A pro-government group in Lanchkhuti, town in Guria region in western Georgia, brought on Wednesday a small welding machine at the local office of opposition UNM party and welded its door shut.
Local media outlet, Guriis Moambe, reported that the police was at the scene during the incident, but did not intervene and no one was detained.
It also reported that local municipality employees were among the protesters outside the opposition party’s office.
It was the latest in series of incidents that took place against UNM local offices in several towns this week, among them in Kutaisi, Batumi, Gori, Akhaltsikhe, Ozurgeti, Gurjaani, Telavi, Tetritskaro, Poti and Rustavi.
In what appeared to be coordinated rallies in different locations across the country on October 19-20, pro-government groups, among them employees of local self-governance bodies, marched at UNM’s local offices chanting slogans like “get out from Georgia” and leaving outside the offices posters like “Liquidated”.
In some towns, among them in Akhaltsikhe, Gori and others, doors of UNM offices were nailed shut. Minor scuffle was reported in Kutaisi where pro-government activists tried to break into the UNM’s local office and where the police intervened.
These incidents took place after a graphic video of sexual abuse of two detainees by law enforcement officers that took place in 2011, when UNM was in power, was posted on October 17 on Ukraine-based video sharing website. The video was from the cache unearthed by the current authorities in 2013 in Samegrelo region. 11 people were convicted, some in absentia, in connection to torture of detainees.
The video footage was leaked just after polls, showing sharp decline in support of GD ruling coalition, were released, prompting allegation by government opponents that the authorities leaked the video to distract public attention from unfavorable polls and to give ruling coalition politicians a reason to speak again about those crimes that were committed when UNM was in power.
Pro-government groups organized outdoor screening of the graphic video of sexual abuse of detainees at public places in downtown Tbilisi and Zugdidi on October 18, which was condemned by the Georgian Public Defender, civil society and rights groups. In Zugdidi the event was attended by city mayor Irakli Gogokhia of the GD ruling coalition.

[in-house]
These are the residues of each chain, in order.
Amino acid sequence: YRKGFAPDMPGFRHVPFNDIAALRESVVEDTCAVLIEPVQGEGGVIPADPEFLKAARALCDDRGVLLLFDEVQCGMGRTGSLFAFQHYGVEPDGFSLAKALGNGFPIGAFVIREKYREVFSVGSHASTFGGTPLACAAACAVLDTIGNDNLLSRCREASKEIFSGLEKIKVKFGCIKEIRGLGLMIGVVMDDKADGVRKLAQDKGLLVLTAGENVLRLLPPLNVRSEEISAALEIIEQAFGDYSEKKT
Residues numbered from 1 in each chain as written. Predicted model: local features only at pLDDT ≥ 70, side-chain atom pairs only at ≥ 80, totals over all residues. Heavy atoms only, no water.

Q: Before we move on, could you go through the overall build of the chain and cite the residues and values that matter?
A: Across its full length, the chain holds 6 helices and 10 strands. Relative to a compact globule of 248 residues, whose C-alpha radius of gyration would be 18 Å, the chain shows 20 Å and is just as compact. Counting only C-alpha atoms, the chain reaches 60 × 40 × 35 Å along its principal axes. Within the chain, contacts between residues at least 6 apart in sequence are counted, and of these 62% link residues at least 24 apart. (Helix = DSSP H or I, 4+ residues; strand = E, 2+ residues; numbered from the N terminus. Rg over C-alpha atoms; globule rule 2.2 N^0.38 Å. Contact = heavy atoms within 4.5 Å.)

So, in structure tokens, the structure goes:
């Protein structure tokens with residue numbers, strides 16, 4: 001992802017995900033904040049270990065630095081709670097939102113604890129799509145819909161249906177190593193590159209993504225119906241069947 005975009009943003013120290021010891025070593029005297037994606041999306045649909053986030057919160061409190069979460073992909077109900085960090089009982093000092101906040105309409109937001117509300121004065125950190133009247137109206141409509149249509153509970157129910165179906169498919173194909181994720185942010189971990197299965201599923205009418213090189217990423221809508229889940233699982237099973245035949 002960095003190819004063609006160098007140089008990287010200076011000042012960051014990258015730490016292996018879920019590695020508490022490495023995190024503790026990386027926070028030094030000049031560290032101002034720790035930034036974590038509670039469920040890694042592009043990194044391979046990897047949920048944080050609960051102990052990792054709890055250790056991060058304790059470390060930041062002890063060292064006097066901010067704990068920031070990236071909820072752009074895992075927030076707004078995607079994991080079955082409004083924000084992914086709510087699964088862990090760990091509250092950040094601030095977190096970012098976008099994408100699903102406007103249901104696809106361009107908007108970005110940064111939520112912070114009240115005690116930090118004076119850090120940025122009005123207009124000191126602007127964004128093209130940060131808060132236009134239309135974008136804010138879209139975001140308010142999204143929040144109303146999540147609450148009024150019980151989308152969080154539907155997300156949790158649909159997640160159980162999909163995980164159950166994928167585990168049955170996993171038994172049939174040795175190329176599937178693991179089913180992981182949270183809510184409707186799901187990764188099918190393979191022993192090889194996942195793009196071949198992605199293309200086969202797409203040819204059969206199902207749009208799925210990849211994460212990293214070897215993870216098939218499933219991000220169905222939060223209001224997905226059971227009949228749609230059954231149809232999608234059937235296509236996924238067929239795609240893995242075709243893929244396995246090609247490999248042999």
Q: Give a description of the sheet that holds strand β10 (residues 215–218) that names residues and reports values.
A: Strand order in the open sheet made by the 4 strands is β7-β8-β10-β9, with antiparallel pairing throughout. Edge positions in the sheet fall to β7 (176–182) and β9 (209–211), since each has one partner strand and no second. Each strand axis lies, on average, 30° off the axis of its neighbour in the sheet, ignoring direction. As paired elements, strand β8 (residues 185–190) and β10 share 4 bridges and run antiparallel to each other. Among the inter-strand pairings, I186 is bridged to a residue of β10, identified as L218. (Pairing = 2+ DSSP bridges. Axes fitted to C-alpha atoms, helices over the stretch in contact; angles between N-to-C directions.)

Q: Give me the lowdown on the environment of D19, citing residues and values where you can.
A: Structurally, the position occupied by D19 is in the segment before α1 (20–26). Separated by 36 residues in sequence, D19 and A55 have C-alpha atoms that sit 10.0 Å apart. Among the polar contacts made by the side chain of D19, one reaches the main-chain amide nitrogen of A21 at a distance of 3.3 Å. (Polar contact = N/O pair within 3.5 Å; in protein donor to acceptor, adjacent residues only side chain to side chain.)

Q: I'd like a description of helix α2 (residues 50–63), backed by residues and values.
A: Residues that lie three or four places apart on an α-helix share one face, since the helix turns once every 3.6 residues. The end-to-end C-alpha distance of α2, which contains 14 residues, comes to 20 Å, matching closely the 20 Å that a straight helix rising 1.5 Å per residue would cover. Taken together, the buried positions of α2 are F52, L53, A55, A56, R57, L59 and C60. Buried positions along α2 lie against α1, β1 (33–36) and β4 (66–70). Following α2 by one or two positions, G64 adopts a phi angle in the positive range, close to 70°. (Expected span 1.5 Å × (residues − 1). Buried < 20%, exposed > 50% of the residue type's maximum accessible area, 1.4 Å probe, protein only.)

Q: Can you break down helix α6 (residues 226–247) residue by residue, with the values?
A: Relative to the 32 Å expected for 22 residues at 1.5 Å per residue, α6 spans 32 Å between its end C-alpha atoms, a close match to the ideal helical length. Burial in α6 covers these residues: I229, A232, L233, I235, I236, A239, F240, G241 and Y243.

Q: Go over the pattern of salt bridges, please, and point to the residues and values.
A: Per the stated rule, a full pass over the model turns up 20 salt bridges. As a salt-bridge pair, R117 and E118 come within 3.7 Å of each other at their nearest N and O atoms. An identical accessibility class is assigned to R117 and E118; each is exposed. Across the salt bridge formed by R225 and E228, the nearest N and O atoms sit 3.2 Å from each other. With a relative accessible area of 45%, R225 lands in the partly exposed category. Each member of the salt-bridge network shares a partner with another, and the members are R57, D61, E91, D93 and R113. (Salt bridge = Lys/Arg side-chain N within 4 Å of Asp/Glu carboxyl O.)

Noting that recent rallies at UNM offices, following the leaking of graphic video, were organized by government-affiliated groups, ten civil society organizations said in their joint statement on October 20 that “it is impossible to provide democratic development of the country through instilling additional aggression, hatred.”
The statement, joined among others by Georgian Young Lawyers’ Association, Transparency International Georgia, and International Society for Fair Elections and Democracy, also says that the political parties should not be guided by “narrow party interests, which aim at short-term effect and serve only the purpose of strengthening own position ahead of elections.”
In a separate statement, another group of civil society organizations, said that public screening of “so-called torture footage, organized with active participation of public servants, and the subsequent onset, within a few hours, of targeted attacks against the UNM, with participation of Georgian Dream activists, prove that this is all part of a unified, premeditated process of the government, which serves to dislodge the main opposition force from the political playing field in the lead-up to the elections.”
“Such violent acts against opposition parties and their supporters are unquestionably undemocratic and illegal and create the threat of irreparable damage to both Georgia’s internal and external stability,” reads the statement by five civil society organizations, among them Georgian Democracy Initiative (GDI); Georgia’s Reforms Associates (GRASS); Media Development Foundation (MDF).